Vera Mikyoung Hur
Breaking, Peaking and Disintegration
The water wave problem, in the simplest form, concerns the wave motion at the surface of an incompressible inviscid fluid, below a body of air, acted on by gravity. Describing what one may see or feel at the beach or in a boat, water waves are a prime example of applied mathematics. They host a wealth of wave phenomena, from ripples to tsunamis and to rogue waves. They have stimulated a considerable part of the historical development of wave motion, such as the discovery of the Korteweg-de Vries soliton. The water wave problem presents profound and subtle challenges. For one thing, the interface between the water and the air is free and to be determined as part of the solution. Free boundaries are mathematically challenging in their own right and they occur in many other situations, such as melting of ice and stretching of a flexible membrane over an obstacle. Moreover, free surface conditions are nonlinear.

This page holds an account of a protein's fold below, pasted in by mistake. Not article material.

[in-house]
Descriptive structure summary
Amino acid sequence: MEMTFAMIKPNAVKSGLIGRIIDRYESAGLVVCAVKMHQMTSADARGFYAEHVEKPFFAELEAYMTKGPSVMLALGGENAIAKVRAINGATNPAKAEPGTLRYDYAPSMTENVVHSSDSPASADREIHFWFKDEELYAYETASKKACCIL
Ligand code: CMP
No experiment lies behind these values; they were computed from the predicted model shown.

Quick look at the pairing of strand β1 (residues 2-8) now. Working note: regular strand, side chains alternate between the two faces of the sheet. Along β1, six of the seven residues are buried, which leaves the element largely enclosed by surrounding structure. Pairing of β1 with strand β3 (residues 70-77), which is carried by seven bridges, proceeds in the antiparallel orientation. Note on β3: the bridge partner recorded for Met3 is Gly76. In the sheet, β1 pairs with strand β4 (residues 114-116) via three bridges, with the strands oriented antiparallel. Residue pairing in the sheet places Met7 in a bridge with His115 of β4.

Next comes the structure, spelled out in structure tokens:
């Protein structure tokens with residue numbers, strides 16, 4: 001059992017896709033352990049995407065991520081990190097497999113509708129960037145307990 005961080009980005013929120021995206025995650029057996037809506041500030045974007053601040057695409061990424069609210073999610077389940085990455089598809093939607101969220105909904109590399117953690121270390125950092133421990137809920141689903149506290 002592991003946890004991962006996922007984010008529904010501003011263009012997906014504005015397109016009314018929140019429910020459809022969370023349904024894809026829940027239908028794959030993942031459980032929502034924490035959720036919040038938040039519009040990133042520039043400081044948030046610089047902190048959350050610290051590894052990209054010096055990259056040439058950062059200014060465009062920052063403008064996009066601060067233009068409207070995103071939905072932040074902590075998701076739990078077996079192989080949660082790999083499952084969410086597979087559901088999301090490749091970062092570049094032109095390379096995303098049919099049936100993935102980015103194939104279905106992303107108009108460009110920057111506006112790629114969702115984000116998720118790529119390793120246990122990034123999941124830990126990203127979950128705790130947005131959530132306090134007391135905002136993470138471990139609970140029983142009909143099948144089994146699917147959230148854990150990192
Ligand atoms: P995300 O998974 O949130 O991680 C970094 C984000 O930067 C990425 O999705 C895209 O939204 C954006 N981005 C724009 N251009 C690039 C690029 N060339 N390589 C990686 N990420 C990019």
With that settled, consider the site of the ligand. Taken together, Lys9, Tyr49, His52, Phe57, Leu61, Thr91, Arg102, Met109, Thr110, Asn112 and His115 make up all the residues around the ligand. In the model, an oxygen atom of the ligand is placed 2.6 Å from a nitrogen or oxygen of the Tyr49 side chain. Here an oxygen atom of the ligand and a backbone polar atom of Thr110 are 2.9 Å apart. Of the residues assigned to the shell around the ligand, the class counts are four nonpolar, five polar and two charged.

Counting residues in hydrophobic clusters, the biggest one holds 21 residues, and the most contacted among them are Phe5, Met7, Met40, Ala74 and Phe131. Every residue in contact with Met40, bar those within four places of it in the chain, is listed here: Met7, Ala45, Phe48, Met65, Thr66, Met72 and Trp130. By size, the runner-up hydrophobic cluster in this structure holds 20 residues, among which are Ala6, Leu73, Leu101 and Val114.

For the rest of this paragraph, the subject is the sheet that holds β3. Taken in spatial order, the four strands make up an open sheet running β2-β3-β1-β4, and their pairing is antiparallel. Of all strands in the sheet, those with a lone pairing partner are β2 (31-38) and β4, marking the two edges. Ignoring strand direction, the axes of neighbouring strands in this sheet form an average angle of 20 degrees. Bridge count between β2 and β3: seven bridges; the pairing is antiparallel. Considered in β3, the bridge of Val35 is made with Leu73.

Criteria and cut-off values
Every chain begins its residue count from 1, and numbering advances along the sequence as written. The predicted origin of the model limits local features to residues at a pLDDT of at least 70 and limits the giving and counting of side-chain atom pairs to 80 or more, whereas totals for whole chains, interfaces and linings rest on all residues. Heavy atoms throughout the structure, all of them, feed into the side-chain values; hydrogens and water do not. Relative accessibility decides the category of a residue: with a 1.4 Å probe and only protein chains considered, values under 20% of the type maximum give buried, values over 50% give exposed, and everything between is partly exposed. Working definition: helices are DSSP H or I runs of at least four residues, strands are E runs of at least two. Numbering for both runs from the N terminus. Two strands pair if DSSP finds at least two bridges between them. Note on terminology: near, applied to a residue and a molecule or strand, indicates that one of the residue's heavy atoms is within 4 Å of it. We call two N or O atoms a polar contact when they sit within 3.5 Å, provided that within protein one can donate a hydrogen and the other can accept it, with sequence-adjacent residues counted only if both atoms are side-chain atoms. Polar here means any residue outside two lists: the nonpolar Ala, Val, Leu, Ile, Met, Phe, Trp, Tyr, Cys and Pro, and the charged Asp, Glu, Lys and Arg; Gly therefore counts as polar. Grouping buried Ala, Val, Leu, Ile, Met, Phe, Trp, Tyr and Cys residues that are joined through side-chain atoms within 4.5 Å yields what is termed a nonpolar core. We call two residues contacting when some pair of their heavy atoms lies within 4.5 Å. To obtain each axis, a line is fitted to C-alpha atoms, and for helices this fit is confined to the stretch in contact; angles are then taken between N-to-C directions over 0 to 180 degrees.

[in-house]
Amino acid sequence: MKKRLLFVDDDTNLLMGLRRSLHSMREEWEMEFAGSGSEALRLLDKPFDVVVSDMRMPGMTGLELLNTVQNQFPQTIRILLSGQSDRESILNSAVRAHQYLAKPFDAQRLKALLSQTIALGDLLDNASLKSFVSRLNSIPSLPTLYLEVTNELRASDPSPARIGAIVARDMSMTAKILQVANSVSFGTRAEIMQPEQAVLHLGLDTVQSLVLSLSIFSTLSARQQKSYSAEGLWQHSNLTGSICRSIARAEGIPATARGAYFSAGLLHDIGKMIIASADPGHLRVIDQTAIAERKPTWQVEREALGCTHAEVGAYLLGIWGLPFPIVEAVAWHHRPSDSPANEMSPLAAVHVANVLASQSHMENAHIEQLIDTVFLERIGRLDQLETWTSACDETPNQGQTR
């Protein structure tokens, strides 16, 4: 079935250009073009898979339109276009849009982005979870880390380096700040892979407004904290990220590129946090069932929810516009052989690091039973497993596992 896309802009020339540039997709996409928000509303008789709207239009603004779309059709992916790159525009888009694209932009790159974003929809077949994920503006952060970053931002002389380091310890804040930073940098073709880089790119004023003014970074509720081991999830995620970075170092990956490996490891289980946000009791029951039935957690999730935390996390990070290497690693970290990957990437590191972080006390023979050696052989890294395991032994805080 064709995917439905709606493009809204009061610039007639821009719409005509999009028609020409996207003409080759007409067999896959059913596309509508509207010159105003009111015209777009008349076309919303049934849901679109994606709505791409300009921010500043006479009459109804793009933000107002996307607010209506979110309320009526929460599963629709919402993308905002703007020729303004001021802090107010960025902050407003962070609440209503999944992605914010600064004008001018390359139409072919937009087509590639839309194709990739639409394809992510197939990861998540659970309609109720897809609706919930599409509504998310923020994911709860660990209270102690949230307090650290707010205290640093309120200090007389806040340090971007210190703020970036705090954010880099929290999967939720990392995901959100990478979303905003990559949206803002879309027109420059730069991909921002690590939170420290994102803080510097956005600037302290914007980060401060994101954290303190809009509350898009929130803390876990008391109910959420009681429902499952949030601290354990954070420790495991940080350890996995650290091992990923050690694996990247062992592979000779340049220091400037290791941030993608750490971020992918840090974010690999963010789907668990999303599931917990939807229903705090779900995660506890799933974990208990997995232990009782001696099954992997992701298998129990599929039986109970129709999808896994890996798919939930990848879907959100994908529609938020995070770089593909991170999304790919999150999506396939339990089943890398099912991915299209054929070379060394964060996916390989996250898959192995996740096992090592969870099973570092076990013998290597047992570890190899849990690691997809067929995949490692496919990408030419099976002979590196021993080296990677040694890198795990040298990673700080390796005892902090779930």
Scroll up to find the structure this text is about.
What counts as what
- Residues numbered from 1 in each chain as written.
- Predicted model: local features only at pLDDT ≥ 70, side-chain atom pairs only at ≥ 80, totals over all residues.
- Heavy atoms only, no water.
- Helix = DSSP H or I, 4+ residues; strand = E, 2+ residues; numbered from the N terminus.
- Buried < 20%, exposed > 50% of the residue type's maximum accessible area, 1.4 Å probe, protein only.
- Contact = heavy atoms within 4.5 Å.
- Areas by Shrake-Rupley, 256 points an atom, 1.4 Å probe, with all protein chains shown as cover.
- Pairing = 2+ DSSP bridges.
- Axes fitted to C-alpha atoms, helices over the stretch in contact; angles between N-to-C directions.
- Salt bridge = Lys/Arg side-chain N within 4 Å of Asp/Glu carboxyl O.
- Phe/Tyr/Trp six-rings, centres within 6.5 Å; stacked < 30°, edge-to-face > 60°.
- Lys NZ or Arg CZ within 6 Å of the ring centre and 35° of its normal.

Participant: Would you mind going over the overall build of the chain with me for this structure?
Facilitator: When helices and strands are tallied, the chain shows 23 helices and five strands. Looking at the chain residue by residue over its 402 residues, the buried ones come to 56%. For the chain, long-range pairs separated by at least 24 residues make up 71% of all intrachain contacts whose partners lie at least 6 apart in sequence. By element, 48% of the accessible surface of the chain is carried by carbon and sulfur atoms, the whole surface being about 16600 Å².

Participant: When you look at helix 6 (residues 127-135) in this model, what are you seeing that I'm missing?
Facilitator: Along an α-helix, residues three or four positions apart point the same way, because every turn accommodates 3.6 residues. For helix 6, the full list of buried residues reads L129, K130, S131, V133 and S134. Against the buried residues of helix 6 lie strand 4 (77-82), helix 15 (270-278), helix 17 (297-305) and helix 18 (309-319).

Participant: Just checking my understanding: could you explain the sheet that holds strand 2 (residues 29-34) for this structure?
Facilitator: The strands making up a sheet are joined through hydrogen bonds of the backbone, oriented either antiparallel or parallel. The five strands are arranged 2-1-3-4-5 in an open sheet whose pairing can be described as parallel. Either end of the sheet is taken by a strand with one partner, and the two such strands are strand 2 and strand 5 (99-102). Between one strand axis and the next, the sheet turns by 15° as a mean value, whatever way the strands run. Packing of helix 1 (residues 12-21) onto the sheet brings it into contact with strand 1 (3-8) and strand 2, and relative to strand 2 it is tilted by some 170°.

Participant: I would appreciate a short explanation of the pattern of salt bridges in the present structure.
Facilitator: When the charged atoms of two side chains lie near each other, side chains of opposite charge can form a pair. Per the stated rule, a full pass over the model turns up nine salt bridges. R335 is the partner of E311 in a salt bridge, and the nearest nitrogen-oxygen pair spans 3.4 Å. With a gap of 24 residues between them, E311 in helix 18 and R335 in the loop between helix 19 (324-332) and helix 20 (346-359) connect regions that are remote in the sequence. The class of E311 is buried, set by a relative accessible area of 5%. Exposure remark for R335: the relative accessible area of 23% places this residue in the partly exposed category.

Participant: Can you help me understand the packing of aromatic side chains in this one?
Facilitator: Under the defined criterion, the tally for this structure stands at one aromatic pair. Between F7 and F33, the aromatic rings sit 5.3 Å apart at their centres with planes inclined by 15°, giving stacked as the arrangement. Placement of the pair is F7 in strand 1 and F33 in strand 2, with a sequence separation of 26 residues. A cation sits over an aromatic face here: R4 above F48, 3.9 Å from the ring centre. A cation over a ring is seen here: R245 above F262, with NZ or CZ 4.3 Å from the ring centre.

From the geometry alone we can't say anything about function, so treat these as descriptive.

During her CAS appointment, Professor Hur will put together rigorous analysis, numerical computation and modeling to address fundamental issues in the mathematical aspects of water waves. Particularly, she will focus on global regularity versus finite time singularities, the existence of traveling waves and their characterization, and the stability and instability of traveling waves. She will emphasize large scale dynamics and genuinely nonlinear behaviors, such as breaking, peaking and touching waves, and the Benjamin-Feir instability. She will expand the use of computational methods to support theoretical advances. Progress in the proposed research will lead to the resolution of several outstanding problems surrounding water waves, and engineering applications.